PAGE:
Feeds

Facebook sharpens ad-shifting tool: Soon users will eat creepily SPECIFIC ad-gloop

Just an algorithm tweak and you're all mine ... bitch

3 Big data security analytics techniques

Facebook is refining its algorithm to better serve up tailored advertising to its userbase in yet another move to satisfy its actual customers: advertisers.

In recent months the Mark Zuckerberg-run company has made a number of strategic tweaks to its free content ad network – a move which has helped drive Facebook's stock to its highest price on Wall Street since its inglorious market debut in May 2012.

Facebook is injecting more and more ad goo into its service, while attempting to limit the damage of more intrusion to its users.

The result? A blog post penned by the firm's engineering manager Hong Ge who told Facebookers that "more relevant ads" would start to appear in their News Feed.

He added that they should be pleased about the fact that meaningless ads will disappear from view.

When deciding which ad to show to which groups of people, we are placing more emphasis on feedback we receive from people about ads, including how often people report or hide an ad.

That means people should see ads that are increasingly relevant to them, and fewer ads that they might not be interested in.

For marketers, this means we are showing ads to the people who might want to see them the most. For example, if someone always hides ads for electronics, we will reduce the number of those types of ads that we show to them.

Advertisers will start to notice "some variation in the distribution of their ads in the coming weeks," Hong said.

They ought to be pleased, however, as Facebook is now being more precise than ever before about targeting ads at the huge personal data trove it holds on more than 1 billion people around the globe.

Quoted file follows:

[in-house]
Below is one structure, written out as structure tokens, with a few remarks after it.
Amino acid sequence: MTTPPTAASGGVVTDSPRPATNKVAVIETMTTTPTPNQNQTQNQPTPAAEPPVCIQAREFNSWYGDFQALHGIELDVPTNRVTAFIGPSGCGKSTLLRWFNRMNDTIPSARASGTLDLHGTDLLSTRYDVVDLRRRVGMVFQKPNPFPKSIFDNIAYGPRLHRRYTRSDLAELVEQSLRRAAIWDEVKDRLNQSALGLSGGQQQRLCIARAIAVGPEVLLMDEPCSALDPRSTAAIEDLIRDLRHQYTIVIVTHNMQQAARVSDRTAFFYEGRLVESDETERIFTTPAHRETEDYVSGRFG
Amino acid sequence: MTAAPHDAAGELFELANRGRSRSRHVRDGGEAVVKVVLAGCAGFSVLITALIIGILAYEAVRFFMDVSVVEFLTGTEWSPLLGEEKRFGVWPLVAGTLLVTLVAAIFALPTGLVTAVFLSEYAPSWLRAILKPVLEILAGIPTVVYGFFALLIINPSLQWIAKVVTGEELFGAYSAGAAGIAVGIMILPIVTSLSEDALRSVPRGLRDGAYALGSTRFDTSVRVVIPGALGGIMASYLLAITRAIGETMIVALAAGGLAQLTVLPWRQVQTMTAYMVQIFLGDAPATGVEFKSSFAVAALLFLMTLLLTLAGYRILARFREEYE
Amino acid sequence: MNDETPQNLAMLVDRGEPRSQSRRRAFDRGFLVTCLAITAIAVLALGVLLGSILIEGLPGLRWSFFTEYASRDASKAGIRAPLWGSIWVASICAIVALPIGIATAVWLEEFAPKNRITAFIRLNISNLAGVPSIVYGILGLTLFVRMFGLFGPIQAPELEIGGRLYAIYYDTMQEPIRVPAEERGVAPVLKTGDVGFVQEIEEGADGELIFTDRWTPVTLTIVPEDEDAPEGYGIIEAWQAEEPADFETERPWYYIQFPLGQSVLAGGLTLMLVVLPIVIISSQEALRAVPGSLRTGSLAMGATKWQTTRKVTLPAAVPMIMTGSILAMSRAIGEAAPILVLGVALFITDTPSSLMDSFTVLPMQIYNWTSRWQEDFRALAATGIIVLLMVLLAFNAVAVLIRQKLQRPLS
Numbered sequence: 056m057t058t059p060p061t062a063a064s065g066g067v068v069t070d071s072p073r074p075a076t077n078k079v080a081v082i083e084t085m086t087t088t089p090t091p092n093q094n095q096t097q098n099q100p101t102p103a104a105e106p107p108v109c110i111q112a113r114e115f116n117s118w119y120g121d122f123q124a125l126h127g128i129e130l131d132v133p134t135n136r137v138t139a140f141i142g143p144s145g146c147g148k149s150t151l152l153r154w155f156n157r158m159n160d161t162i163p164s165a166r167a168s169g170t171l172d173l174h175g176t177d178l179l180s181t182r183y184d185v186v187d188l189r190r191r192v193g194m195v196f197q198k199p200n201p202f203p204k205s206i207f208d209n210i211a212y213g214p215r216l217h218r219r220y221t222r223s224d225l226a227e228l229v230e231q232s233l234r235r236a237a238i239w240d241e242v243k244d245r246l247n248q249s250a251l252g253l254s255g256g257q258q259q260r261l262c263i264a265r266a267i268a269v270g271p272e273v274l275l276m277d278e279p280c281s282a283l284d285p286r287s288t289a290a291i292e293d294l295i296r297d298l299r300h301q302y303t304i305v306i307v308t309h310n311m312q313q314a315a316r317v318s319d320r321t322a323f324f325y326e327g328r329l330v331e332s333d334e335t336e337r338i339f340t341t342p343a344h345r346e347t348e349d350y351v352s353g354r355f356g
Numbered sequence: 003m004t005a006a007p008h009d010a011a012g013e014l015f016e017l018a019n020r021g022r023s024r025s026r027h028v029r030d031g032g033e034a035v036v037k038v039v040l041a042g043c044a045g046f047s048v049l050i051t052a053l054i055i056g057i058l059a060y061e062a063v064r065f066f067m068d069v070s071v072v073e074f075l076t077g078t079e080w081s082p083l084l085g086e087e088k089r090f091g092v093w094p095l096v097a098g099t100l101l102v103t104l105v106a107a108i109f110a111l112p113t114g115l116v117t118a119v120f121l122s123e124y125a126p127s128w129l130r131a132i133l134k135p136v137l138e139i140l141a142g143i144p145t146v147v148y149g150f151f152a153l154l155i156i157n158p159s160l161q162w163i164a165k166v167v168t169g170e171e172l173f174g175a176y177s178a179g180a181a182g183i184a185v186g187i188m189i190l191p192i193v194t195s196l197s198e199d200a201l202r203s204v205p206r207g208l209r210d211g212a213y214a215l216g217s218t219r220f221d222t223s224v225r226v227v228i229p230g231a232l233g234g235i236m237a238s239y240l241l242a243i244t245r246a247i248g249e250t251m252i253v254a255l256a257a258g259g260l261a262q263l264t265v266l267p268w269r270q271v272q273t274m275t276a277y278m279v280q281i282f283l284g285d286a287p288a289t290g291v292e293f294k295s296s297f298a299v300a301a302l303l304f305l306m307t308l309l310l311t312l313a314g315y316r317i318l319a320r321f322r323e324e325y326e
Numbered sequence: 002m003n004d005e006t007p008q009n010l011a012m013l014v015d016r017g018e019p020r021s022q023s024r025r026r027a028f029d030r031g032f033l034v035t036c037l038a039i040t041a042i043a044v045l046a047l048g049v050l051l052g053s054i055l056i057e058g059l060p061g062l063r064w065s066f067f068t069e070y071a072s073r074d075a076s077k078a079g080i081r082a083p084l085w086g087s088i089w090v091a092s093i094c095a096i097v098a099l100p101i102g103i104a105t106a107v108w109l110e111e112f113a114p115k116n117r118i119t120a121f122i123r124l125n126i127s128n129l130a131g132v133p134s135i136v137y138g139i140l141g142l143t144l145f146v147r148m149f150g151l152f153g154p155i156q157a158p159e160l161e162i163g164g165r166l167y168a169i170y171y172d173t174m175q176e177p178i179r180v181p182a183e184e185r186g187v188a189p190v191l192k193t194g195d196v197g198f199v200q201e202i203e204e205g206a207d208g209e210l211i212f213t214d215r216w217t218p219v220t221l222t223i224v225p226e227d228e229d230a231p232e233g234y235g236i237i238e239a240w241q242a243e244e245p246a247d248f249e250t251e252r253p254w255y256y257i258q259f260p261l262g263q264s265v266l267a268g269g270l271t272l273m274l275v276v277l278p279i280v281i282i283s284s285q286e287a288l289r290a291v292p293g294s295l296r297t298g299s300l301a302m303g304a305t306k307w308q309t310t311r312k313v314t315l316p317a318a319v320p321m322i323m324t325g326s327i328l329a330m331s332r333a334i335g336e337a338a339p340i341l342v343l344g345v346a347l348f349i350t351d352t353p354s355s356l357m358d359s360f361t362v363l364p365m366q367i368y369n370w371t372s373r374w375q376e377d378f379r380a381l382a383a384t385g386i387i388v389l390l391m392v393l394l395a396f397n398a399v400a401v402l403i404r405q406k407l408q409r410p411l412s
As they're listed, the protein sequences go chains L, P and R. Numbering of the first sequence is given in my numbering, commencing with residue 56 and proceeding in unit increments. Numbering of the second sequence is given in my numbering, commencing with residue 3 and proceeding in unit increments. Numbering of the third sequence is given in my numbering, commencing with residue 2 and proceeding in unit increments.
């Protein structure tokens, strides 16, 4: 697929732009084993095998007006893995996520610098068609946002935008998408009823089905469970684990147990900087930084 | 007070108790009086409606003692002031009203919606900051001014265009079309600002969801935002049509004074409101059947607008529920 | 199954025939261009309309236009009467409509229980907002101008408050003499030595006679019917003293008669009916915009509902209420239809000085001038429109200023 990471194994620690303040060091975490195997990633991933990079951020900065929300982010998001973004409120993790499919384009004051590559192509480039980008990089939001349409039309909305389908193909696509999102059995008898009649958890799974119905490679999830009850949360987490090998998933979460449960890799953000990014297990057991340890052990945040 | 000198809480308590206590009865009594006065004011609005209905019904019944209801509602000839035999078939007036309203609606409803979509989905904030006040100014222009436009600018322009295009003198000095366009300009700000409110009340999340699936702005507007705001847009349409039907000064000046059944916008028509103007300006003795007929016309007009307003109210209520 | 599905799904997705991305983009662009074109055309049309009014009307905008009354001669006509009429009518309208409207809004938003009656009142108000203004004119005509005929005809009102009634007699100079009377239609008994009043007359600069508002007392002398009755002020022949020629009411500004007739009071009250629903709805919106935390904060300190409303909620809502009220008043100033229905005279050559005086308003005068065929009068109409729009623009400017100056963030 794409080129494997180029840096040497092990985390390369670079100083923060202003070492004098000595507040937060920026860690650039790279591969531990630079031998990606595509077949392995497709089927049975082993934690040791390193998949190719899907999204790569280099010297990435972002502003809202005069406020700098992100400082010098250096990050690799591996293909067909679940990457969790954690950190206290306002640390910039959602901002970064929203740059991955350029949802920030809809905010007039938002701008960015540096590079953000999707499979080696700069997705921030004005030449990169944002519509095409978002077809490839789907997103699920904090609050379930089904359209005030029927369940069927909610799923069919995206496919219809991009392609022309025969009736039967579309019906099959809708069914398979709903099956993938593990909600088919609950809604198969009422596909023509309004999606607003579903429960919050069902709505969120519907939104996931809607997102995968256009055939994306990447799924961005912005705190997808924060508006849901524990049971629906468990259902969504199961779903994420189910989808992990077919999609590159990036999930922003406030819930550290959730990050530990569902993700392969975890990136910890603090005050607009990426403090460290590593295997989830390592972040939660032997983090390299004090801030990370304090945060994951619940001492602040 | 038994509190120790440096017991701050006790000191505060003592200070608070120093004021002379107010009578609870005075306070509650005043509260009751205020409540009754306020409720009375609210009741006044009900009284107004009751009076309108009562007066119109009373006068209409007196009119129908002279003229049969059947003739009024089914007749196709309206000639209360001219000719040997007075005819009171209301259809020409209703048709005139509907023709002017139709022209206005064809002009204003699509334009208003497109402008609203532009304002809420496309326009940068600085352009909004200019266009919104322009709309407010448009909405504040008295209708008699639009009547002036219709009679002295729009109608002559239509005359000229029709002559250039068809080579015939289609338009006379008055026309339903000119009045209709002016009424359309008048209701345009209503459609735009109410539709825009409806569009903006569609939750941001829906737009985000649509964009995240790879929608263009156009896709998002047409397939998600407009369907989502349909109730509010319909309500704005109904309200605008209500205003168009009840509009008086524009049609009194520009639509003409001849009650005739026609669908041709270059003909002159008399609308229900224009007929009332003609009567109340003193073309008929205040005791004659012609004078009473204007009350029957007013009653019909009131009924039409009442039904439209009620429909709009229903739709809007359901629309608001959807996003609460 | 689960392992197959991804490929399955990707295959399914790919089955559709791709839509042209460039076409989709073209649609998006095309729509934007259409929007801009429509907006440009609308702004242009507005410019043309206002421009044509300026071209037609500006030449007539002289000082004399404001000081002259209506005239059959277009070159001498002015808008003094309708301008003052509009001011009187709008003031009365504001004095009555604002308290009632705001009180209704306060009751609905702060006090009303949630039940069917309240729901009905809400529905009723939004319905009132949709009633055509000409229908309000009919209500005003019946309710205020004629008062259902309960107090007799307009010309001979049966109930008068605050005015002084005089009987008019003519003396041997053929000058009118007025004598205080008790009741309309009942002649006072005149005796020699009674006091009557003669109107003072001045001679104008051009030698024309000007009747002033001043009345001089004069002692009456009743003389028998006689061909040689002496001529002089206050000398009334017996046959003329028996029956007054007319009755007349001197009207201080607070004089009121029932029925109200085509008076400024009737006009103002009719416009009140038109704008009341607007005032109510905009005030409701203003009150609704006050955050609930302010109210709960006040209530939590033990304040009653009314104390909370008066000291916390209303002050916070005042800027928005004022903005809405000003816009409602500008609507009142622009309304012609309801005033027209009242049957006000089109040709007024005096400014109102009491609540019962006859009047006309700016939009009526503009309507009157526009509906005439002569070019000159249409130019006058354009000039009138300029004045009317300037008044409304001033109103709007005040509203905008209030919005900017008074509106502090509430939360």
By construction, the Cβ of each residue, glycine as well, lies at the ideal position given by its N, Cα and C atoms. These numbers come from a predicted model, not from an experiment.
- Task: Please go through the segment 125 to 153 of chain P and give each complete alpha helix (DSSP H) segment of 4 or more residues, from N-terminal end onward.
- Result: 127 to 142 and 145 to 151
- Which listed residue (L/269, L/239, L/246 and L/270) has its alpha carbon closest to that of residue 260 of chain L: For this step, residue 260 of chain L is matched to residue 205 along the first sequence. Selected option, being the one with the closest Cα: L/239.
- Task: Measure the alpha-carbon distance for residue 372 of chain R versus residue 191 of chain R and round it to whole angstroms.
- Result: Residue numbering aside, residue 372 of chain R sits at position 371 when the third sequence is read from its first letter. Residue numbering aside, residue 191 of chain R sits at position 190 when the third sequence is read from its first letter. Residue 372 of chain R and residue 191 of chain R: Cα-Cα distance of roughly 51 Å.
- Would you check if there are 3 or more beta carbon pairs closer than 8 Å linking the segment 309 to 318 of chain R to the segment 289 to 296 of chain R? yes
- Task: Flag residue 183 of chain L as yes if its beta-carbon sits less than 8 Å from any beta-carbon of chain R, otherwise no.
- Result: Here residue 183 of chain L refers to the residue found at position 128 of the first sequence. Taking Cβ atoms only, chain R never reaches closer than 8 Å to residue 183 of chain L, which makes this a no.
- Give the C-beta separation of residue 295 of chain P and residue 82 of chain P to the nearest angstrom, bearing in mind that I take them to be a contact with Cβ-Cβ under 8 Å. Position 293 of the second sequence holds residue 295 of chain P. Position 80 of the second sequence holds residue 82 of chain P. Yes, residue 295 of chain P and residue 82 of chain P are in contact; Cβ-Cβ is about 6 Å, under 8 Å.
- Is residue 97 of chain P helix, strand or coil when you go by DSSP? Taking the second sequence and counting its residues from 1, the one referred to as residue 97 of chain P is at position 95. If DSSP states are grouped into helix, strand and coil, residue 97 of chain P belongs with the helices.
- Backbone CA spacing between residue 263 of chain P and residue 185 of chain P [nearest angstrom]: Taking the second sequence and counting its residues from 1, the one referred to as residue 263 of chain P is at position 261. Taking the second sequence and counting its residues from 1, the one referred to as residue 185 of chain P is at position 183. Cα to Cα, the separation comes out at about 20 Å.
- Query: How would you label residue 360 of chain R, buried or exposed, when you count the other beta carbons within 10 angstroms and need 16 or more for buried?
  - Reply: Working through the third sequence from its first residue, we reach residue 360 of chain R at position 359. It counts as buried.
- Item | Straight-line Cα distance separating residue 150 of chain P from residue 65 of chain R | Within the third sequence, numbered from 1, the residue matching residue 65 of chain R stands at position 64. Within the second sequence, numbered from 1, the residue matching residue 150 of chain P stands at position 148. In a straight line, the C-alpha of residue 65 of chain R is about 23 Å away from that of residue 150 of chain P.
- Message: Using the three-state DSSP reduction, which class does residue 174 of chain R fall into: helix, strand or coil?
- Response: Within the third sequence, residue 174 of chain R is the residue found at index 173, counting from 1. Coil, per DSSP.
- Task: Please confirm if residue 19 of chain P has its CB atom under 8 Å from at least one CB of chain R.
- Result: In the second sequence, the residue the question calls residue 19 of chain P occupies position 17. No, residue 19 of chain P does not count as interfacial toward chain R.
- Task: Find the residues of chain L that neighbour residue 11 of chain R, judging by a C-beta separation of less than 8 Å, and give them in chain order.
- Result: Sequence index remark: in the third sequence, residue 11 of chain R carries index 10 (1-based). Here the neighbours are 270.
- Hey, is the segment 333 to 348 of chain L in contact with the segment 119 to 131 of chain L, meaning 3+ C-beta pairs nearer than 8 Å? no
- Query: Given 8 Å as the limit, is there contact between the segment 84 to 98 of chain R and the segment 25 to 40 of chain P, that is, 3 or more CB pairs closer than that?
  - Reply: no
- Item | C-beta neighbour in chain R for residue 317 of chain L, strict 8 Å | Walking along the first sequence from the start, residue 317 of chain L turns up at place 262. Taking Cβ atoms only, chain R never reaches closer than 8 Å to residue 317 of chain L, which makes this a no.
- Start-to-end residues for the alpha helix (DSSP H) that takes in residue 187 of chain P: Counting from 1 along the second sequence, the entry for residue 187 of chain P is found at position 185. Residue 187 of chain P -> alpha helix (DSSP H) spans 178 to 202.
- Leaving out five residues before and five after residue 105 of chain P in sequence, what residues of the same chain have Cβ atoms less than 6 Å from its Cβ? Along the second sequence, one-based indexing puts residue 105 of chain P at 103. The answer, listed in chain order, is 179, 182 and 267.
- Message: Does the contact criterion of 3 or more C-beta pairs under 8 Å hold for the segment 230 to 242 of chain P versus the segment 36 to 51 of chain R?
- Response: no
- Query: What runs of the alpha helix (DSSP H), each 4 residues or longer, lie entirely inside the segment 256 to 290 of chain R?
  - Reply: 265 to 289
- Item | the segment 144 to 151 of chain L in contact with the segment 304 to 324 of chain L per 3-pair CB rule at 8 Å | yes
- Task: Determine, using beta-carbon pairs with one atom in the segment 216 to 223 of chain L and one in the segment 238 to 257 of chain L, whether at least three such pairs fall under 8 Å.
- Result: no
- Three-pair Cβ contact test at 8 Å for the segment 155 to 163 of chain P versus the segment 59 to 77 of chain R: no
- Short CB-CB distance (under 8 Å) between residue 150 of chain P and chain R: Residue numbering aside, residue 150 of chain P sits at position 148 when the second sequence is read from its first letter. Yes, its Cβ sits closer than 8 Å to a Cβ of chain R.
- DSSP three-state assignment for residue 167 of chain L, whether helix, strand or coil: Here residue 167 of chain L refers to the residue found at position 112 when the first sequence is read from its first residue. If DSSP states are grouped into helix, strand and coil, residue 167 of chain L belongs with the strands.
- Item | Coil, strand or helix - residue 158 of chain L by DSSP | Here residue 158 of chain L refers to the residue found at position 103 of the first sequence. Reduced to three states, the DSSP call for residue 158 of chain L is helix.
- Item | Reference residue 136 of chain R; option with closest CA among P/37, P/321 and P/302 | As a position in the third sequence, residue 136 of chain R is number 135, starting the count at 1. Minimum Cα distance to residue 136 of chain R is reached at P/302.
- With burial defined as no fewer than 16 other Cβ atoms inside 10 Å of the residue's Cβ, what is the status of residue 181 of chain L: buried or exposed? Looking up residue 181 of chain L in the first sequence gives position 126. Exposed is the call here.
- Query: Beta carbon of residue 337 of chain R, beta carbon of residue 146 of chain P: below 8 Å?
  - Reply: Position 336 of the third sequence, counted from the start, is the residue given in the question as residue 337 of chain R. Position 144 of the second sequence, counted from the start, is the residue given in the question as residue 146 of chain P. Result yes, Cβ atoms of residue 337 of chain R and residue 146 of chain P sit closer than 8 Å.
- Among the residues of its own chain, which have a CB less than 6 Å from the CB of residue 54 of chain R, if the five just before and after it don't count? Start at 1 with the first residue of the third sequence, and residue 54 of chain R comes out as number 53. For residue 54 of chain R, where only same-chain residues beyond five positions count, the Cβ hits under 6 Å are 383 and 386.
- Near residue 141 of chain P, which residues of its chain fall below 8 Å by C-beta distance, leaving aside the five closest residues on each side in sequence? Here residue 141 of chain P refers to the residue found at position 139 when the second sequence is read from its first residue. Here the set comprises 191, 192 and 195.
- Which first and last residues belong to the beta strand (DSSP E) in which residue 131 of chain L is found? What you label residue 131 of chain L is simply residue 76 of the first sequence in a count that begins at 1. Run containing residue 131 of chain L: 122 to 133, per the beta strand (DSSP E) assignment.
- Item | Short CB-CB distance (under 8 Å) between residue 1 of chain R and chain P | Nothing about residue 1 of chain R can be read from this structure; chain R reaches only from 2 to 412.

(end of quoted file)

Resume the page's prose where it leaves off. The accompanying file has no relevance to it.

Shares in Facebook are now at their highest point since the company's flotation on the Nasdaq last year. They are currently trading at just above $51 as copper-haired billionaire Zuck sucks ever harder on the big ads cash pool generated by the millions of user bods who seem only too happy to "Share". ®

3 Big data security analytics techniques

More from The Register

next story
A black box for your SUITCASE: Now your lost luggage can phone home – quite literally
Breakfast in London, lunch in NYC, and your clothes in Peru
Broadband Secretary of SHEEP sensationally quits Cabinet
Maria Miller finally resigns over expenses row
AT&T threatens to pull out of FCC wireless auctions over purchase limits
Company wants ability to buy more spectrum space in auction
EE dismisses DATA-BURNING glitch with Orange Mail app
Bug quietly slurps PAYG credit - yet EE denies it exists
Like Google, Comcast might roll its own mobile voice network
Says anything's possible if regulators approve merger with Time Warner
Turnbull leaves Australia's broadband blackspots in the dark
New Statement of Expectations to NBN Co offers get-out clauses for blackspot builds
Facebook claims 100 MEEELLION active users in India
Who needs China when you've got the next billion in your sights?
Facebook splats in-app chat, whacks brats into crack yakety-yak app
Jibber-jabbering addicts turfed out just as Zuck warned
prev story

Whitepapers

Designing a defence for mobile apps
In this whitepaper learn the various considerations for defending mobile applications; from the mobile application architecture itself to the myriad testing technologies needed to properly assess mobile applications risk.
3 Big data security analytics techniques
Applying these Big Data security analytics techniques can help you make your business safer by detecting attacks early, before significant damage is done.
Five 3D headsets to be won!
We were so impressed by the Durovis Dive headset we’ve asked the company to give some away to Reg readers.
The benefits of software based PBX
Why you should break free from your proprietary PBX and how to leverage your existing server hardware.
Securing web applications made simple and scalable
In this whitepaper learn how automated security testing can provide a simple and scalable way to protect your web applications.